Rhode Island

EEE Detected in Rhode Island For First Time This Year

The disease has been detected in a mosquito, but there have been no human cases of EEE in Rhode Island this year.

This 2006 photograph depicted a female, Aedes aegypti mosquito, from a left lateral perspective, while she was in the process of acquiring a blood meal from her human host. The feeding apparatus consisted of a sharp, orange-colored stylet. When not feeding, the stylet would be covered in a soft, pliant sheath, known as the labellum, which was shown here, retracted exposing the sharp stylet. The orange color of the stylet was due to the red color of the blood, as it migrated up the thin, sharp translucent tube. Note how her distended abdomen exhibited a red coloration, as it filled with the insect’s blood meal.
CDC/James Gathany

The mosquito-borne disease eastern equine encephalitis has been detected in Rhode Island for the first time this season, state environmental officials said Friday.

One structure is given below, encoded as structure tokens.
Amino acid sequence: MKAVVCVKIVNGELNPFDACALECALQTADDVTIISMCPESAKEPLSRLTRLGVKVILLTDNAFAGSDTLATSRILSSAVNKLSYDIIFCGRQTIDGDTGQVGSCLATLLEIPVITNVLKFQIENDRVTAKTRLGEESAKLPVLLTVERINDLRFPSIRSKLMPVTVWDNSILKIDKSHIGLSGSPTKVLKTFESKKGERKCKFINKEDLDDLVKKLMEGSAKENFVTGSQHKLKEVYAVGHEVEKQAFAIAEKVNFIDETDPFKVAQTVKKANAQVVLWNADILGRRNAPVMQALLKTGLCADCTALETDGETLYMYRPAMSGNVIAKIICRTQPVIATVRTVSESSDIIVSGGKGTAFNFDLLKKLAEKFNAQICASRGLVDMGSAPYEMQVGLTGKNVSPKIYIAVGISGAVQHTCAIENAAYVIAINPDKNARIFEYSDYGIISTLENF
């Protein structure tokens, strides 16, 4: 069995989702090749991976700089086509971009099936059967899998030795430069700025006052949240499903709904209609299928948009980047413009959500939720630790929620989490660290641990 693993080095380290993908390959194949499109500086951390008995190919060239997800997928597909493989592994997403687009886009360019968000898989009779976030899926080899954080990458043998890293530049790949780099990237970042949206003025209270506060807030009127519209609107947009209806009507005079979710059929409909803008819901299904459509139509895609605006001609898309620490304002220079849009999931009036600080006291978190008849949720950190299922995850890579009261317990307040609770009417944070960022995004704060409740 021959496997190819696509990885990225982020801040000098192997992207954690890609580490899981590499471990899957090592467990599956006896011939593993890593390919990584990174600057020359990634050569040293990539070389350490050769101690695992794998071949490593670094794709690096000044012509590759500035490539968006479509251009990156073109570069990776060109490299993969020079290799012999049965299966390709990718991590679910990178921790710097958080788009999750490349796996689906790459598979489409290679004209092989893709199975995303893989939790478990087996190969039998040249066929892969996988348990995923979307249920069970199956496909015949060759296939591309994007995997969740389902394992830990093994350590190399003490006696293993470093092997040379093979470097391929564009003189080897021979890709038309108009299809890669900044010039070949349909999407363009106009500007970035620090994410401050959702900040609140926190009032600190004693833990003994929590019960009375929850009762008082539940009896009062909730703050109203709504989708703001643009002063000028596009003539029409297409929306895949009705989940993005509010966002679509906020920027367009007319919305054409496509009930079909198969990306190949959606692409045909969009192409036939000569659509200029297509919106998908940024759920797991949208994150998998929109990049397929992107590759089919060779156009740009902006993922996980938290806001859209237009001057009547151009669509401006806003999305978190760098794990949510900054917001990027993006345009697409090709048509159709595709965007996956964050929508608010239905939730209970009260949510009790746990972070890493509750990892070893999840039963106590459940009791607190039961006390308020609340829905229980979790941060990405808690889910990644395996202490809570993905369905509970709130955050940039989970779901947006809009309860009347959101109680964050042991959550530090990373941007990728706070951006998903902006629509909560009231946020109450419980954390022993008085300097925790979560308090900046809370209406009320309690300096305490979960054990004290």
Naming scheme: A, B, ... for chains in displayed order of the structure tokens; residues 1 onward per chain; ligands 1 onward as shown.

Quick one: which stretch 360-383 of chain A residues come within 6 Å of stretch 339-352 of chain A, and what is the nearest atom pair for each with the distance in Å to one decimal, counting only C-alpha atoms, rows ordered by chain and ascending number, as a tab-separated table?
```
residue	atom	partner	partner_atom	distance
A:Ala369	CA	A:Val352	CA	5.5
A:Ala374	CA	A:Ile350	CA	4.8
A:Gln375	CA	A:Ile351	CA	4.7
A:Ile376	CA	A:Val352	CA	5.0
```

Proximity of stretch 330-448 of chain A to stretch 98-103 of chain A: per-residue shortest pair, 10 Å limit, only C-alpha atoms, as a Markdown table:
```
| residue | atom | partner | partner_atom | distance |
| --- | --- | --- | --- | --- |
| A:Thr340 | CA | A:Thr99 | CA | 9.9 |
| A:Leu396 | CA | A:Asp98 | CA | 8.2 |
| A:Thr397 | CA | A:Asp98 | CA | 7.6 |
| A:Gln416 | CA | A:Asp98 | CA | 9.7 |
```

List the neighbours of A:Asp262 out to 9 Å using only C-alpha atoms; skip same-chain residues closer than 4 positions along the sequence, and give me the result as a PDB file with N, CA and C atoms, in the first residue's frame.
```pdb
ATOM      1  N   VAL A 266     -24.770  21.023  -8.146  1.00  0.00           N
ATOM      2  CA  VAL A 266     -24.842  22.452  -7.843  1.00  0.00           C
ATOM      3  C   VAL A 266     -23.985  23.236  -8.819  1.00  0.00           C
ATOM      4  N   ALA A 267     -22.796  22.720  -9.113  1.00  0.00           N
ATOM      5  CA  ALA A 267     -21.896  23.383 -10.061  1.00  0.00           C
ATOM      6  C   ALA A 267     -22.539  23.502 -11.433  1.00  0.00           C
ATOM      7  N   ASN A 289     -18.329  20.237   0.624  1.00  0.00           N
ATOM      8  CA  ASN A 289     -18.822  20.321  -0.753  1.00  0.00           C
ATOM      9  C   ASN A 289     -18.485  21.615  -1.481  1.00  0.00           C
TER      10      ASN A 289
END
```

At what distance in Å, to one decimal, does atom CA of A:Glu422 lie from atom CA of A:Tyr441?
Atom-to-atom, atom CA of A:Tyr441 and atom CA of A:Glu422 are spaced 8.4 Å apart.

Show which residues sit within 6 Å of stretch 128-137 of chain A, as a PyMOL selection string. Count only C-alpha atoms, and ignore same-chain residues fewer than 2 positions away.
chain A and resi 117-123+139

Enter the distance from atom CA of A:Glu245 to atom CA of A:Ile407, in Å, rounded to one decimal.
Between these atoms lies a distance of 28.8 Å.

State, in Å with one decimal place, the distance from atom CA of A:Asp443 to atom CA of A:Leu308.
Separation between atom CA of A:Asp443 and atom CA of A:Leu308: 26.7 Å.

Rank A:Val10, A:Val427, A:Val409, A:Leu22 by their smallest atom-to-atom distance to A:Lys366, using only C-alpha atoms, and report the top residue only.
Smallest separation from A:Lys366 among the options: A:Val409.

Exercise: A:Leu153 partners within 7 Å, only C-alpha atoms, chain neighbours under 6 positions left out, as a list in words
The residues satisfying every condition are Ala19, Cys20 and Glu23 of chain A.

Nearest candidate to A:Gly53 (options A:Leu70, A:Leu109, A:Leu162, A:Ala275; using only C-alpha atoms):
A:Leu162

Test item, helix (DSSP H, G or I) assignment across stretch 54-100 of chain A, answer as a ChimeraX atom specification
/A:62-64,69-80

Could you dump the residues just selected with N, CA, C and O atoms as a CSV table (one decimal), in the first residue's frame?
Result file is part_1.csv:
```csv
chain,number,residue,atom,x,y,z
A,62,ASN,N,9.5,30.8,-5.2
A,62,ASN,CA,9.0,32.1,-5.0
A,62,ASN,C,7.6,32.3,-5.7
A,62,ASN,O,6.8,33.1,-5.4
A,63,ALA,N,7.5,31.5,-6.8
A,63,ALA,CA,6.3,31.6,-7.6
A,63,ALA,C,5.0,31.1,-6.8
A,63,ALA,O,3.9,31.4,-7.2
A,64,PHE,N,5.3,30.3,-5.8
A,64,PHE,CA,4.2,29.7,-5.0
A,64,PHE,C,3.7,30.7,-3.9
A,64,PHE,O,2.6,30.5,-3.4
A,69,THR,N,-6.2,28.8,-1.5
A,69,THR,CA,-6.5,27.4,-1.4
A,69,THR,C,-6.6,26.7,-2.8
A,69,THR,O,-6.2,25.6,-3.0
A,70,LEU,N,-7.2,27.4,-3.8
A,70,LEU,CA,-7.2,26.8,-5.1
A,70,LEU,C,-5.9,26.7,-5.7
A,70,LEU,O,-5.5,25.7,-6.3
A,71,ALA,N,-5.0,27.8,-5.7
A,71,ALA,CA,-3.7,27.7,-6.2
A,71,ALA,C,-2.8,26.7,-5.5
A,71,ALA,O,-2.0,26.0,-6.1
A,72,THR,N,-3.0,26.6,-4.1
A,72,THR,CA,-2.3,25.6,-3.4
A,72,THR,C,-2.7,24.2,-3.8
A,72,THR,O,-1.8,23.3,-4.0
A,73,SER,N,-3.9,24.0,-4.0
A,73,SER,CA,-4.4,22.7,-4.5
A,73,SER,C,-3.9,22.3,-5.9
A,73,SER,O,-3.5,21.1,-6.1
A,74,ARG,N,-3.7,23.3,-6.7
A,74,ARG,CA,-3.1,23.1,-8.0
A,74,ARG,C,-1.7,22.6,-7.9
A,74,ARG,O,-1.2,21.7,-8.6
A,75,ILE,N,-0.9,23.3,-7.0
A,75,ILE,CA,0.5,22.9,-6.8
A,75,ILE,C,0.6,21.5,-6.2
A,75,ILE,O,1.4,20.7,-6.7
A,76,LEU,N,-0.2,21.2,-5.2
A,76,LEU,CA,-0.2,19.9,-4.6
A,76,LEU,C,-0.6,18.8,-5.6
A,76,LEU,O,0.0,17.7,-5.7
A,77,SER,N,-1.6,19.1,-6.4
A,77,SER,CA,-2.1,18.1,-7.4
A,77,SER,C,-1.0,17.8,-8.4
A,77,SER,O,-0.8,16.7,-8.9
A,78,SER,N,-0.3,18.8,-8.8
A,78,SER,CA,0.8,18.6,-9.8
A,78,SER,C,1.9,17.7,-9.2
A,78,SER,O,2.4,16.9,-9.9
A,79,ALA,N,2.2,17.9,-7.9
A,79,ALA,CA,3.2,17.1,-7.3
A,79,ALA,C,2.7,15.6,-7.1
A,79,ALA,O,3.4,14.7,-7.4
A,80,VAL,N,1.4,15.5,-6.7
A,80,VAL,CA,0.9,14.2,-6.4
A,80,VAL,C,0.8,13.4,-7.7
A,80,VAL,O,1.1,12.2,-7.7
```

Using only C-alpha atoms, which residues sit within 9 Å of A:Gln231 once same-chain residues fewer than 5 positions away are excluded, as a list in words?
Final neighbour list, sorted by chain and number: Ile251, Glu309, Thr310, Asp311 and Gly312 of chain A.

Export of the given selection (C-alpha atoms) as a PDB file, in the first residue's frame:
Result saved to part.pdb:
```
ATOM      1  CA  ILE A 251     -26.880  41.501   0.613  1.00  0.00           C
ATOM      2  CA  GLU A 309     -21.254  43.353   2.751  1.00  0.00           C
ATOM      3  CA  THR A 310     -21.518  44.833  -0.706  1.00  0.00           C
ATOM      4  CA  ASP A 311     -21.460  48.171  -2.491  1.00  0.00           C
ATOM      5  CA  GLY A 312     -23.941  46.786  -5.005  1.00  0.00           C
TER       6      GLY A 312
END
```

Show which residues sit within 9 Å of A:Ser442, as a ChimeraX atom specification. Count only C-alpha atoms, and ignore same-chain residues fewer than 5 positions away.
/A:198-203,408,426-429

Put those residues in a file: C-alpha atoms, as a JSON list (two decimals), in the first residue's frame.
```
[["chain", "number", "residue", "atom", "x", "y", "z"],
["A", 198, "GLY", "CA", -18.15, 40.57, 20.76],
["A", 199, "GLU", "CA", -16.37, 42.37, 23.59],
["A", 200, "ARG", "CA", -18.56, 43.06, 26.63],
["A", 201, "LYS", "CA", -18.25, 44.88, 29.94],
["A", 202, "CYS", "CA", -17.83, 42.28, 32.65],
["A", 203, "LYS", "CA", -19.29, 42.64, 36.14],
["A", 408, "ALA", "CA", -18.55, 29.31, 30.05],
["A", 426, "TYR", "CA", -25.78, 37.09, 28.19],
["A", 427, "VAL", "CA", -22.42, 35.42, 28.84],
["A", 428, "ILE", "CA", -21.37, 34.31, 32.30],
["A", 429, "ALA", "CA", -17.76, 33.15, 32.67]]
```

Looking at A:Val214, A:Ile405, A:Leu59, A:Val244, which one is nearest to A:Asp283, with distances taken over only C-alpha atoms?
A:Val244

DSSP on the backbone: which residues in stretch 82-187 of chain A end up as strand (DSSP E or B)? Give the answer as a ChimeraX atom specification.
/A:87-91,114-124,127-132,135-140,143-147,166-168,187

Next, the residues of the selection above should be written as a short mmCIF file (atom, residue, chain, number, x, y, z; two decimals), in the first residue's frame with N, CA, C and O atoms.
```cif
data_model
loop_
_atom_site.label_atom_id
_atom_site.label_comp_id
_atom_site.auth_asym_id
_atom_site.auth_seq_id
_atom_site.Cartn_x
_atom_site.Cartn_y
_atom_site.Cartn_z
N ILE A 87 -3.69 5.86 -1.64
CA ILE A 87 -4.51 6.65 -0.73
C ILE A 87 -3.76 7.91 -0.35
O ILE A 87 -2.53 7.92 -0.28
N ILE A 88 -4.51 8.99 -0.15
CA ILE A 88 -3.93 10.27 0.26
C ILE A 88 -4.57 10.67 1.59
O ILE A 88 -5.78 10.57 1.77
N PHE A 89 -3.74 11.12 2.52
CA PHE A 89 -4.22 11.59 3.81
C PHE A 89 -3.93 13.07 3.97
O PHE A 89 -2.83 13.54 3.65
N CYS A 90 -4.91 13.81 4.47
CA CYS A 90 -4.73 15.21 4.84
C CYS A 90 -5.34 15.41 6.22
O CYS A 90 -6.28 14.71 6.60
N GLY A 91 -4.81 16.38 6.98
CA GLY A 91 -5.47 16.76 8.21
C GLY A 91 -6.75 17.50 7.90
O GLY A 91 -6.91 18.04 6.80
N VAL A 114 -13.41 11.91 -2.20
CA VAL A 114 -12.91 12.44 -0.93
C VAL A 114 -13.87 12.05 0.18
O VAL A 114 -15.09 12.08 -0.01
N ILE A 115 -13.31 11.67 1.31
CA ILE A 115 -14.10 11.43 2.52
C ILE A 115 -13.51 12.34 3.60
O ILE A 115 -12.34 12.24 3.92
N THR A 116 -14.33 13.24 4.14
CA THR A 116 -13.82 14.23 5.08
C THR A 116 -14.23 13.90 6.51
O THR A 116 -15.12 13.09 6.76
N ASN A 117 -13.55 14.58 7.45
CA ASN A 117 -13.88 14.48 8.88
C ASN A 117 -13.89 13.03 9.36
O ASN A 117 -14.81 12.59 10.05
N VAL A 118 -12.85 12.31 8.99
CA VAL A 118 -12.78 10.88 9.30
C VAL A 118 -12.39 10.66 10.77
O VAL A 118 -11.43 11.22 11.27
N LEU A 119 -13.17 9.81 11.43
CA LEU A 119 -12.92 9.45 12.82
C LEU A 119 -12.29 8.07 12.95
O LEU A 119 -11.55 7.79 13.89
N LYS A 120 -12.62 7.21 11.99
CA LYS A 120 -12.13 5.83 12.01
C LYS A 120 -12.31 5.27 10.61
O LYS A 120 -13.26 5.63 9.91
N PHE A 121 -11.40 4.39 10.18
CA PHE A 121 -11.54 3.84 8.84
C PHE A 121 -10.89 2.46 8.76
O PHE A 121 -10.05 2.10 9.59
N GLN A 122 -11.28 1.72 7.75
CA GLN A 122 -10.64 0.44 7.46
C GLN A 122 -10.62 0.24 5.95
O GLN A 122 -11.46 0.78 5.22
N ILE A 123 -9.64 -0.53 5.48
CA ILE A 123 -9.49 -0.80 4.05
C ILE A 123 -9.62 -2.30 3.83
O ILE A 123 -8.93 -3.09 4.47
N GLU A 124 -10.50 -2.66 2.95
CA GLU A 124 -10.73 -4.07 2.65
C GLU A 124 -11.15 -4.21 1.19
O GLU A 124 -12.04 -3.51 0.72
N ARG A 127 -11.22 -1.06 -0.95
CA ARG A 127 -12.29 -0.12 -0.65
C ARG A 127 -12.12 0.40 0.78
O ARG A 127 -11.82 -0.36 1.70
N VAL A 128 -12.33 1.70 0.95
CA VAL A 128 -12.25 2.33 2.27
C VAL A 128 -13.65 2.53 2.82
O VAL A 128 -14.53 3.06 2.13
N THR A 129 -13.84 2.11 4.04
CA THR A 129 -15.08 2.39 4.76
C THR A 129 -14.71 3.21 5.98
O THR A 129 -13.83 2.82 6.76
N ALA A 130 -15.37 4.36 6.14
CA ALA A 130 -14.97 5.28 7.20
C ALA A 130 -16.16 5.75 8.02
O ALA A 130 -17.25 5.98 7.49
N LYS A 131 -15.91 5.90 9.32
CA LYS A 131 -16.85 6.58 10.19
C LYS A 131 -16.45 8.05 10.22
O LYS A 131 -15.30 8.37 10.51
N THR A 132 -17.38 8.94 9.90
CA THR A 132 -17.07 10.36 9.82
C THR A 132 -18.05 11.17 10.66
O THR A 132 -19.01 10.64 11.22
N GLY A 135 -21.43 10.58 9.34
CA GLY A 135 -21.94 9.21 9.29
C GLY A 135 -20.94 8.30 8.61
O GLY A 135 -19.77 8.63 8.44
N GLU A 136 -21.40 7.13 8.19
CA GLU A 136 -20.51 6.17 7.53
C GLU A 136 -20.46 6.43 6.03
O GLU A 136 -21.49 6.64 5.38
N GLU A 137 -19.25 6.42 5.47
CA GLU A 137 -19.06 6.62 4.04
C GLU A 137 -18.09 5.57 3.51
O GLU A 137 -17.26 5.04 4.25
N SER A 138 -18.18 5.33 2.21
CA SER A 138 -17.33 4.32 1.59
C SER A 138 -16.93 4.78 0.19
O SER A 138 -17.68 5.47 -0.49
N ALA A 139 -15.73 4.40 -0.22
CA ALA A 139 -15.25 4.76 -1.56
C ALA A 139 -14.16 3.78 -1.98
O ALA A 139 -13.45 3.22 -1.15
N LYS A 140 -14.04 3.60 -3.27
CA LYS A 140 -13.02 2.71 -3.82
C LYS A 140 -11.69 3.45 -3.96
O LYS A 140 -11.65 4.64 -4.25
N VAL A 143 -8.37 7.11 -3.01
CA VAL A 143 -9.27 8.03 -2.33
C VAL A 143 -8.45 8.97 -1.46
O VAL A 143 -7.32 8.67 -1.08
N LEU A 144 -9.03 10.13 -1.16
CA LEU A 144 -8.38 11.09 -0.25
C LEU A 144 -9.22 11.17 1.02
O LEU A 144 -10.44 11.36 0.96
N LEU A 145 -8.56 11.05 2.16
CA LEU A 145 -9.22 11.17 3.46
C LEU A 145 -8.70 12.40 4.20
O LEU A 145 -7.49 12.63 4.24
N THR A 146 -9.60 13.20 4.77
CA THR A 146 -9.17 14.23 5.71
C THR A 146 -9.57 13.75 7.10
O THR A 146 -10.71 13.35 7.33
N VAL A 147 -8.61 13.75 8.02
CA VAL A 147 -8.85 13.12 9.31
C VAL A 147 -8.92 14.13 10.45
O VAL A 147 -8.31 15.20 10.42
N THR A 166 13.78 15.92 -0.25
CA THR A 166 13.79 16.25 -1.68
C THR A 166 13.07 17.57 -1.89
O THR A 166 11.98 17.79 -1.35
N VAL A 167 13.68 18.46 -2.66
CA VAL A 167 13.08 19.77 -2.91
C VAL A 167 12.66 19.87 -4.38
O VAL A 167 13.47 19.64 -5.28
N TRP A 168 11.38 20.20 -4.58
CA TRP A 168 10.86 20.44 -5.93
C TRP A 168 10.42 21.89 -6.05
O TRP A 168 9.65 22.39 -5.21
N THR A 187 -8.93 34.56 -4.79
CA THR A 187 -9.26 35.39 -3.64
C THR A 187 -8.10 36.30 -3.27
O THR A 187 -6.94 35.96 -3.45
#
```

The mosquito pool producing the positive sample of the potentially deadly disease consisted of 50 individual members of a species of mosquito that bites birds almost exclusively. They were trapped Aug. 11 in Chapman Swamp in Westerly.

The disease has been detected in mosquitoes at the site several times in the past.

The other 102 pools of mosquitoes collected Aug. 11 all tested negative for EEE and West Nile virus.

Results from 147 pools collected Monday are still pending.

There have been no human cases of EEE in Rhode Island this year. Last year there were three human cases, including one death. Massachusetts has confirmed three human cases this season.

Health officials recommend using mosquito repellent outdoors, wearing long sleeves and pants, and avoiding outdoor activity during the dusk and dawn hours when mosquitoes are most active.

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